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article imageOp-Ed: 1000+ Android apps leaking personal info but what's being done?

By Paul Wallis     Oct 23, 2012 in Technology
Sydney - The huge number of Android apps coming on the market has exposed a new vulnerability. A new study has shown that these apps can be security hazards. About a thousand of the new apps were shown to be risky.
Sydney Morning Herald:
The study tested the 13,500 most popular free apps from the Google Play Store and found that 1074 – almost 8 per cent – used incorrect or inadequate coding.
Researchers at the Leibniz University of Hannover and the Philipps University of Marburg, both in Germany, tried to hack a sample of 100 of the vulnerable apps. They were able to exploit 41, of which there are at least 39.5 million users worldwide, according to the Google Play Store.
"We could gather bank account information, payment credentials for PayPal, American Express and others," says the study.
"Facebook, email and Cloud storage credentials and messages were leaked, access to IP cameras was gained and control channels for apps and remote servers could be subverted."
The risks are therefore based on multiple possibilities. These stats are also an indicator of currently known vulnerabilities. There are new types of malware coming onstream all the time, so the risk factor has some further ramifications.
The problem is inadequate coding. Typically, Android apps are about as secure as possible, but coding weaknesses are pretty much certain to be targeted.
Opinions in the industry are mixed. Some consider that Apple is too closed-off and that Google’s more open options are better, even if quality is sometimes an issue with apps.
Apathy is not a response
The problem with this academic view of serious risks to consumers is that the opinions in the world of malware are likely to be less ambivalent. The “online geniuses” have shown themselves to be a lot less than agile when it comes to dealing with threats.
It’s hard to figure out the logic of a “There’s a problem and maybe someday someone will fix it”. Being charitable to online crime and taking forever to fix things has made it what it is. You don’t use an egg to break a rock.
The net needs to be on the same page with all forms of online threats. These threats need to be exterminated, not turned into yet another employment agency for people who have jobs for life because they don’t fix problems.
Will they get serious about it? Why start now?
The naiveté of so many big companies in talking tough about online crime and achieving nothing has to be questioned. If you assume the usual profile of all the major online problems which have never been fixed, “sell more security software while doing absolutely nothing” as the main priority, that’s no more acceptable than it is wise.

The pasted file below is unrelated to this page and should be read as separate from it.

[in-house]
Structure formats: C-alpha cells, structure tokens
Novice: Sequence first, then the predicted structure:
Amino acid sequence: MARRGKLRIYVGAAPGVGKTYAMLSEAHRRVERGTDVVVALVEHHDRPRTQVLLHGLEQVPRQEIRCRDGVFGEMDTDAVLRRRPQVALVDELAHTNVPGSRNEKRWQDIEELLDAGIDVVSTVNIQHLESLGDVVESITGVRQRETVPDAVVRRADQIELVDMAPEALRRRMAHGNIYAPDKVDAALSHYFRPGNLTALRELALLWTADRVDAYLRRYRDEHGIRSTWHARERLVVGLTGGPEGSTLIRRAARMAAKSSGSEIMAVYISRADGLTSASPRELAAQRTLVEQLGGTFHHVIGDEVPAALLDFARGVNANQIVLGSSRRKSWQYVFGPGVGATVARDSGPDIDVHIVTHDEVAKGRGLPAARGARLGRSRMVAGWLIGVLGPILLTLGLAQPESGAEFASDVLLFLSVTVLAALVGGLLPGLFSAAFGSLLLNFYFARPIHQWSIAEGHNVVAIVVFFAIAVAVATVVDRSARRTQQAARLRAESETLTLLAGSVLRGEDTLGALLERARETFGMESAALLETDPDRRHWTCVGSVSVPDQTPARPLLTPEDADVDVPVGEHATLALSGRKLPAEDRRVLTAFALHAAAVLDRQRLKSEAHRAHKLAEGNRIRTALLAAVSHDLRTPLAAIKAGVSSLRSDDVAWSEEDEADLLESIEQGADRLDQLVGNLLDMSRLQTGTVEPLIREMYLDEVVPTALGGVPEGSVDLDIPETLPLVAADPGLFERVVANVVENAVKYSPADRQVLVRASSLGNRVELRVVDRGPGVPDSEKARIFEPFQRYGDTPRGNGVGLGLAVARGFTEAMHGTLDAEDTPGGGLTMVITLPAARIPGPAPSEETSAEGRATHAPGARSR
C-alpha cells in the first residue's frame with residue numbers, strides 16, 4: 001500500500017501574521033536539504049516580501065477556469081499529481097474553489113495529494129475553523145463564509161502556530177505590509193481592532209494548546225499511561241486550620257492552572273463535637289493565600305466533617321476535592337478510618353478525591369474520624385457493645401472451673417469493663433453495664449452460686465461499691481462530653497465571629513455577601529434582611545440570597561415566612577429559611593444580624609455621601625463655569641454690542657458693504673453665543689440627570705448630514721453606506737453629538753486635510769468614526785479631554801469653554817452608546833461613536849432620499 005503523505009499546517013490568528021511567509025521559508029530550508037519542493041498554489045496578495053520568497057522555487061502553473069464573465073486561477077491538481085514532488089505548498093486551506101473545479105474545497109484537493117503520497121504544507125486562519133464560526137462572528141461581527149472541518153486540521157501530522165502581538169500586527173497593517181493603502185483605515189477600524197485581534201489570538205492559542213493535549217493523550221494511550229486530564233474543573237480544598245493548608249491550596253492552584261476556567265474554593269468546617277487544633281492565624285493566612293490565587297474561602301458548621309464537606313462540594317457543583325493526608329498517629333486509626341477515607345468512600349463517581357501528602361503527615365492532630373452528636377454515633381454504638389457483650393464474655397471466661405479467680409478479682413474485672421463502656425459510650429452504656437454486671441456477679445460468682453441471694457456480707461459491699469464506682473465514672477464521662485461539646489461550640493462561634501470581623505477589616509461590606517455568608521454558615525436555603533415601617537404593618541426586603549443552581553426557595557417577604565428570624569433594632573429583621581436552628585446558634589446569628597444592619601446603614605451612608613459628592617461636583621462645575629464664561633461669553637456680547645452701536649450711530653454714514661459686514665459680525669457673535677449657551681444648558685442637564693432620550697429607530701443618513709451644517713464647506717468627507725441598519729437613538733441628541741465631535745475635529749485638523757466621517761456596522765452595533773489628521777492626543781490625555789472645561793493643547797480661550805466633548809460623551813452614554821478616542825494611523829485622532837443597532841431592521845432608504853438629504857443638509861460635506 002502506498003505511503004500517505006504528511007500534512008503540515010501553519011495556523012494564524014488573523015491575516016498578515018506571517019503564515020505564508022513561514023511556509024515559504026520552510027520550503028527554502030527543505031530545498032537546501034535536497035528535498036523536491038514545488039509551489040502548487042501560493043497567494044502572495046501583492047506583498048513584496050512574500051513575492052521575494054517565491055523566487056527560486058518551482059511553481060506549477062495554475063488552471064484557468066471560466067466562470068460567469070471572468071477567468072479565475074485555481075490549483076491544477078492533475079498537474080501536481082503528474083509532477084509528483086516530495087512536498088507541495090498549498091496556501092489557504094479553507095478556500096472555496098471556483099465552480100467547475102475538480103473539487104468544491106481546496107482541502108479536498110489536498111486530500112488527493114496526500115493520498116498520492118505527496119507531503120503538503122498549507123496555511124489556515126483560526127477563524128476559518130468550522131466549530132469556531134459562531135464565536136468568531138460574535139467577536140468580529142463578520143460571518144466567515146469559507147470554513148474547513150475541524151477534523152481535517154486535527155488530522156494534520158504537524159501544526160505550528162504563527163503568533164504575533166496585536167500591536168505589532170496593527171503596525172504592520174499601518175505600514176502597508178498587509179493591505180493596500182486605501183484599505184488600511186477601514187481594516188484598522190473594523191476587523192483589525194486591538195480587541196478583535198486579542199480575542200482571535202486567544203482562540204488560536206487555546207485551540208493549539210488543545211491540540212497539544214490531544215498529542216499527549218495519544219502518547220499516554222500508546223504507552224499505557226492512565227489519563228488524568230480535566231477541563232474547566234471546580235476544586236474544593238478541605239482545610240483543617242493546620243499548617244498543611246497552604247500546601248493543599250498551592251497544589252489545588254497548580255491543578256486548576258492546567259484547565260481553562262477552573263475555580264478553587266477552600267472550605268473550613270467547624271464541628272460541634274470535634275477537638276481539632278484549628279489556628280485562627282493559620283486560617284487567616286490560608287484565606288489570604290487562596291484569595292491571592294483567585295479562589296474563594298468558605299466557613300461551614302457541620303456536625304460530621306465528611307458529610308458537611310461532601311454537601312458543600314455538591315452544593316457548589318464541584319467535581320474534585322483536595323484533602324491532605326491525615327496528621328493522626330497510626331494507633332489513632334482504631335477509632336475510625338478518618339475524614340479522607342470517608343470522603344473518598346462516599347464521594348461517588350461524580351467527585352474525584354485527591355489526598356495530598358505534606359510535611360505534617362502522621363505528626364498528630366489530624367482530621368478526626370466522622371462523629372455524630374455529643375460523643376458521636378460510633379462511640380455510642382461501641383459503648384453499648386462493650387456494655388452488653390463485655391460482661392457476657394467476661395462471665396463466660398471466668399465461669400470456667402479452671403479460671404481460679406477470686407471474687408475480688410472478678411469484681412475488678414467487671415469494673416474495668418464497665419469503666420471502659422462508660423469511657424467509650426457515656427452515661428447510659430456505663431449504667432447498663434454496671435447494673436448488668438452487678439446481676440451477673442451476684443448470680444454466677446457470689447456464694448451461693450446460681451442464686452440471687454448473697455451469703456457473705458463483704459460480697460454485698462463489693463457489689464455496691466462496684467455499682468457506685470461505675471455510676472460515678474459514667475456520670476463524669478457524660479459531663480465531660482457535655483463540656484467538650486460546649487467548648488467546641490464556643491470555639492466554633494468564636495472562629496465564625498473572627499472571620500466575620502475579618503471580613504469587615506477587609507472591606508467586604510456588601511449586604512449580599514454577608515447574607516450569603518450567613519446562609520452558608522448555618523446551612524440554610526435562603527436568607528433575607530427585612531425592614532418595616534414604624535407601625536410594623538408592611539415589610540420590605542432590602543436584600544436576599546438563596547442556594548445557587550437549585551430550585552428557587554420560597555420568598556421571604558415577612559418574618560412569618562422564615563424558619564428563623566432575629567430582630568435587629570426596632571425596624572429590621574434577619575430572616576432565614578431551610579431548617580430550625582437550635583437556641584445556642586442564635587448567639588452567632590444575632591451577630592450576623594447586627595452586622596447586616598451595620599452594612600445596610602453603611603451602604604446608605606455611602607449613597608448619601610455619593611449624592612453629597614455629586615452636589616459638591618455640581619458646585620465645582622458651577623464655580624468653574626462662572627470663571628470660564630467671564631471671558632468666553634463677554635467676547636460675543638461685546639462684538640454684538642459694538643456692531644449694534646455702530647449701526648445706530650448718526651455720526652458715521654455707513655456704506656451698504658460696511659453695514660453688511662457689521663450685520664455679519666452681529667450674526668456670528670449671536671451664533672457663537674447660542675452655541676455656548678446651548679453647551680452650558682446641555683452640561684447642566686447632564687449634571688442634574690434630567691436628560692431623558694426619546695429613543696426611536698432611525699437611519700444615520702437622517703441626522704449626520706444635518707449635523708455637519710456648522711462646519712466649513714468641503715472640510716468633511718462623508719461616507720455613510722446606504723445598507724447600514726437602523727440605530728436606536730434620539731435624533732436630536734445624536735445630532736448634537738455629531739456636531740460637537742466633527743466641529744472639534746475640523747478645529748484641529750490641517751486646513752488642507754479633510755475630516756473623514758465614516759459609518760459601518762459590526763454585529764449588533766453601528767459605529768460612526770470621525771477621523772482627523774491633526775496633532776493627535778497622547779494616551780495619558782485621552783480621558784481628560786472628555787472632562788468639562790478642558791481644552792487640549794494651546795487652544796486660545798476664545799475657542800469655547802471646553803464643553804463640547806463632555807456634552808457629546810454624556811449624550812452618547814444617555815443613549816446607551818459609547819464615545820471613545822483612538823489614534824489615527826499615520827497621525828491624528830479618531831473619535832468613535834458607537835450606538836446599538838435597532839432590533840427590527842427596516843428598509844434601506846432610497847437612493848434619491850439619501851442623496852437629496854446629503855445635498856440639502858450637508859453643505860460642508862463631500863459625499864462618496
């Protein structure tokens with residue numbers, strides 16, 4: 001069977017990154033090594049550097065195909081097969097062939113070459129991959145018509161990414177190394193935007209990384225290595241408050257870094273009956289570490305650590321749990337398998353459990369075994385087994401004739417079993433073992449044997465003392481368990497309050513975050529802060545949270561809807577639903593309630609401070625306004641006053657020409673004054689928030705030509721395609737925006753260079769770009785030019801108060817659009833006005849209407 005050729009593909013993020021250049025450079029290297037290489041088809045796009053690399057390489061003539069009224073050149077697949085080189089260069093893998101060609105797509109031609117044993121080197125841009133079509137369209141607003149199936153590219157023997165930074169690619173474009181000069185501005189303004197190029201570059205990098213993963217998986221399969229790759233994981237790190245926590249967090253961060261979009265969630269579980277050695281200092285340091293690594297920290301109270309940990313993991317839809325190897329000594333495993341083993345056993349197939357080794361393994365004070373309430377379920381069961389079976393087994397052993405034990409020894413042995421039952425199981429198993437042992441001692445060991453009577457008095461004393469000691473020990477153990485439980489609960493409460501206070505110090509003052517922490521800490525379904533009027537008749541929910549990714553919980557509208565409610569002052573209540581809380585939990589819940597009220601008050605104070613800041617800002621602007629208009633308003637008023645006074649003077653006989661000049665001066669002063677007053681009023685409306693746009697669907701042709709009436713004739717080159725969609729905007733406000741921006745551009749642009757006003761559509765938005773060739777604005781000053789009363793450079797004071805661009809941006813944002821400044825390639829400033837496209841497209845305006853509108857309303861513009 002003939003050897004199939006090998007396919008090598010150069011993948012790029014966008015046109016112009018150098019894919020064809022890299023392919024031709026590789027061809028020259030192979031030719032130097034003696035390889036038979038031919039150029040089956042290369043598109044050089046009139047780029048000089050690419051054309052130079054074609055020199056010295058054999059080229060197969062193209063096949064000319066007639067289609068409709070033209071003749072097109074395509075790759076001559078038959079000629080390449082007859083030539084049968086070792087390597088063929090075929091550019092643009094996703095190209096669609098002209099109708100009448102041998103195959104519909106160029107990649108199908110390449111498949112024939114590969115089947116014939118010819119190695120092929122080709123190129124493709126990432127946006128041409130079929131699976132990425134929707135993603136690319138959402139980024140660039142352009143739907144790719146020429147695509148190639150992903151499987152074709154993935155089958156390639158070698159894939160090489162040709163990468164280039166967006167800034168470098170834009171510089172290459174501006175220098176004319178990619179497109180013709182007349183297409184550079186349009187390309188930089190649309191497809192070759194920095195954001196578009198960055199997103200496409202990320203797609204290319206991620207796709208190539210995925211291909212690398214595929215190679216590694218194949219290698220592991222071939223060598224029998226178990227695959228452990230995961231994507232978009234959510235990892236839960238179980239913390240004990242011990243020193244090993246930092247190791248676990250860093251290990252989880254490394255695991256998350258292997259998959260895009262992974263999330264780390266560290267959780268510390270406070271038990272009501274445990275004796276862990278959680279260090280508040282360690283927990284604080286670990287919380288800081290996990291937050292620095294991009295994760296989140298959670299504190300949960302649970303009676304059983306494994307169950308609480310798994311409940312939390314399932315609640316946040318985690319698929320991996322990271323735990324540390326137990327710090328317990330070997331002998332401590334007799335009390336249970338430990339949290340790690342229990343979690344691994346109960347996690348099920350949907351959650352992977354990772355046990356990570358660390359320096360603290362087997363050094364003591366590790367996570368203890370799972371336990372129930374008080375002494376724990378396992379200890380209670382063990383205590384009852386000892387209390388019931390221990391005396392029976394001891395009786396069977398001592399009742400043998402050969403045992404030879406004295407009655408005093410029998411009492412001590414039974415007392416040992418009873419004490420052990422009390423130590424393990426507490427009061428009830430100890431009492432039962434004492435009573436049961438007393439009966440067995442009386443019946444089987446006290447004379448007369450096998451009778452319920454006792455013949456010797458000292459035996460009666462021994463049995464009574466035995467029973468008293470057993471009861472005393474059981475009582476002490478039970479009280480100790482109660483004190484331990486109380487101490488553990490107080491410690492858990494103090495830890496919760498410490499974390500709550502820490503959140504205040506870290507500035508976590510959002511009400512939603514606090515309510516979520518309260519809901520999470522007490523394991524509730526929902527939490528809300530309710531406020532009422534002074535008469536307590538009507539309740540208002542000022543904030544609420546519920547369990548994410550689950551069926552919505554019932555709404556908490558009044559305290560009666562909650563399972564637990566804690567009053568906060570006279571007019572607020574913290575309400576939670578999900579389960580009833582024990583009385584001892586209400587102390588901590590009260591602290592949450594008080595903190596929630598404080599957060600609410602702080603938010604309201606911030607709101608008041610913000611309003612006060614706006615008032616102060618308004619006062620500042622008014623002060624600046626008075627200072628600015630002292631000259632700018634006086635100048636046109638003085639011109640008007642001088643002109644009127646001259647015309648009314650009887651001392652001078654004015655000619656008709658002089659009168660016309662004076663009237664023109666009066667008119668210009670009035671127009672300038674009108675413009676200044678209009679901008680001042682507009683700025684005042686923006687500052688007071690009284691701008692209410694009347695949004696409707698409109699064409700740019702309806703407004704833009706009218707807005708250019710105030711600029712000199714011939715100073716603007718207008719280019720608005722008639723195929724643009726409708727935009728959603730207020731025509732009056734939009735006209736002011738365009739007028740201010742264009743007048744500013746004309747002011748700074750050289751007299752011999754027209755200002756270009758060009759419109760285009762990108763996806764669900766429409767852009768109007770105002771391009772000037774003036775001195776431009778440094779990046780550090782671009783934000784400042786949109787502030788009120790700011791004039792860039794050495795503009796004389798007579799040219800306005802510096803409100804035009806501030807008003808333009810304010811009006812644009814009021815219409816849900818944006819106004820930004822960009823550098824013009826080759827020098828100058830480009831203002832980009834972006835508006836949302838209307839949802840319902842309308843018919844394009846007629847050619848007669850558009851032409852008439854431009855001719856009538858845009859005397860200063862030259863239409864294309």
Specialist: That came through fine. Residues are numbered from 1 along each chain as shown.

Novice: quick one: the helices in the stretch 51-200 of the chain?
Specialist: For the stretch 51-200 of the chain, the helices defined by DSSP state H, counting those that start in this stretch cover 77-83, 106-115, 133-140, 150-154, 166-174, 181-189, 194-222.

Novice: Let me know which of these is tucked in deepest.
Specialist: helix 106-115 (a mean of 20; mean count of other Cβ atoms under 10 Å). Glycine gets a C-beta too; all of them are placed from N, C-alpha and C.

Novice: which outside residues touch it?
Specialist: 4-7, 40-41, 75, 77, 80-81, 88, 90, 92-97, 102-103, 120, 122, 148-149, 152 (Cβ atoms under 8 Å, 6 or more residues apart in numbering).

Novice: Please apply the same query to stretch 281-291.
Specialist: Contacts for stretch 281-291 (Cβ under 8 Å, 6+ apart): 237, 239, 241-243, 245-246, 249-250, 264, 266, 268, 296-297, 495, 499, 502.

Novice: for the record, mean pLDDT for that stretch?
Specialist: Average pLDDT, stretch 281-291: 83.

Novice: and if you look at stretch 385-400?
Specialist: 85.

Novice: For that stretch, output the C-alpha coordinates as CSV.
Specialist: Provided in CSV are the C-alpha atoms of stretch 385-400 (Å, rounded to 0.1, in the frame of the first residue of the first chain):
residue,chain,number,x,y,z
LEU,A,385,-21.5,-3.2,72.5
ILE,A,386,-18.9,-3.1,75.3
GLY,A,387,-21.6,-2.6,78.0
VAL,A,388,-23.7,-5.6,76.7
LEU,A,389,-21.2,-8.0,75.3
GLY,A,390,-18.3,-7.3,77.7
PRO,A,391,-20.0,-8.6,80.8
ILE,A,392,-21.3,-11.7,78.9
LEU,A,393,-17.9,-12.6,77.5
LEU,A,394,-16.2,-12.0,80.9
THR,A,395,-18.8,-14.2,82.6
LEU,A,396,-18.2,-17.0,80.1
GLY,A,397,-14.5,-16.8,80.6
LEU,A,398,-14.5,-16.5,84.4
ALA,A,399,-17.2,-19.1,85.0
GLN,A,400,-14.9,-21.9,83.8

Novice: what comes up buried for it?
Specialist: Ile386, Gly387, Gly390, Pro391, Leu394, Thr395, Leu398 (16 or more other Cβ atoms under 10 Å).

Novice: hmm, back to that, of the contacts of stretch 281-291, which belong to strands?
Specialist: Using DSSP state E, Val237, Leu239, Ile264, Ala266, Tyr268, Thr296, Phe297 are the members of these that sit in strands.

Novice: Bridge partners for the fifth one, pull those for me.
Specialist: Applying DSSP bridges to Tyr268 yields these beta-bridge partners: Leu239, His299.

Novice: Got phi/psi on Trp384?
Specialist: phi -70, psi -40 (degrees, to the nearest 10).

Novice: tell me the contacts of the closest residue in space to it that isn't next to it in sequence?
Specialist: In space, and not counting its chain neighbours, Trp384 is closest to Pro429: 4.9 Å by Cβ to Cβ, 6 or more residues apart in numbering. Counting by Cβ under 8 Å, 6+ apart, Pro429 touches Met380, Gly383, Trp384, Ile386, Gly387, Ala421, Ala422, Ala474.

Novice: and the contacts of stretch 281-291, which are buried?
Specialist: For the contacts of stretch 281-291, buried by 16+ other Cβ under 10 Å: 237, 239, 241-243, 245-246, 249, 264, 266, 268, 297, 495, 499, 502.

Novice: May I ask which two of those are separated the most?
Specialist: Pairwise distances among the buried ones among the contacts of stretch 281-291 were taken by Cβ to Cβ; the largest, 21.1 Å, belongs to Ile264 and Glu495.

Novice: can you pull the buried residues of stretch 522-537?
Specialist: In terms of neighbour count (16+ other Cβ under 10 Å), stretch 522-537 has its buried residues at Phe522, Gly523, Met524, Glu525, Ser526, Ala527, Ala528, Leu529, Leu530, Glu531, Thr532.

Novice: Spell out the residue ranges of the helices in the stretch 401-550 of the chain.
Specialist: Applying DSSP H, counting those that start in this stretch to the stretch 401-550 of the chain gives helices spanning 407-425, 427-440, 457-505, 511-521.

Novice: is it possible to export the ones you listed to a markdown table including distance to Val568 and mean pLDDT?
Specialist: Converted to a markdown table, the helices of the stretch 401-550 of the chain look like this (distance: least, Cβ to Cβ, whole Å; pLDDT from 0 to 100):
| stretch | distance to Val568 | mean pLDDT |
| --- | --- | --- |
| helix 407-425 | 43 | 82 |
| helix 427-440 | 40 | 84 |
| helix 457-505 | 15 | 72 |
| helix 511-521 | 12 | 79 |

For one thing, it doesn’t work. Billions of dollars are going out every available socket and nothing much gets done about it in terms of solving anything. These guys couldn’t (and probably wouldn’t) fix a flat tyre, let alone a global problem. They’ve shown that time and again.
Selective apathy pays, results don’t, apparently. Meanwhile, the public, that famous philanthropist, is paying for its own personal disasters and lazy security.
There’s no excuse for this situation. Either the required code is in place on an app or it isn’t. It’s very easy to check, too. Google could require app developers to ensure the presence of correct coding and simply refuse to allow the apps to operate until they do have that code. They have the natural right to require compliance.
Granted that some apps do more crashing than running and are made by people who may or may not walk upright, getting these cretins to pay attention could be hard to do. But turning Android into a “no go” zone for consumers is hardly a great outcome.
So what’s it going to be? Get it right, or just “slob on”, as usual? If anyone’s expecting the Cloud to work, getting it right is the only option.
This opinion article was written by an independent writer. The opinions and views expressed herein are those of the author and are not necessarily intended to reflect those of
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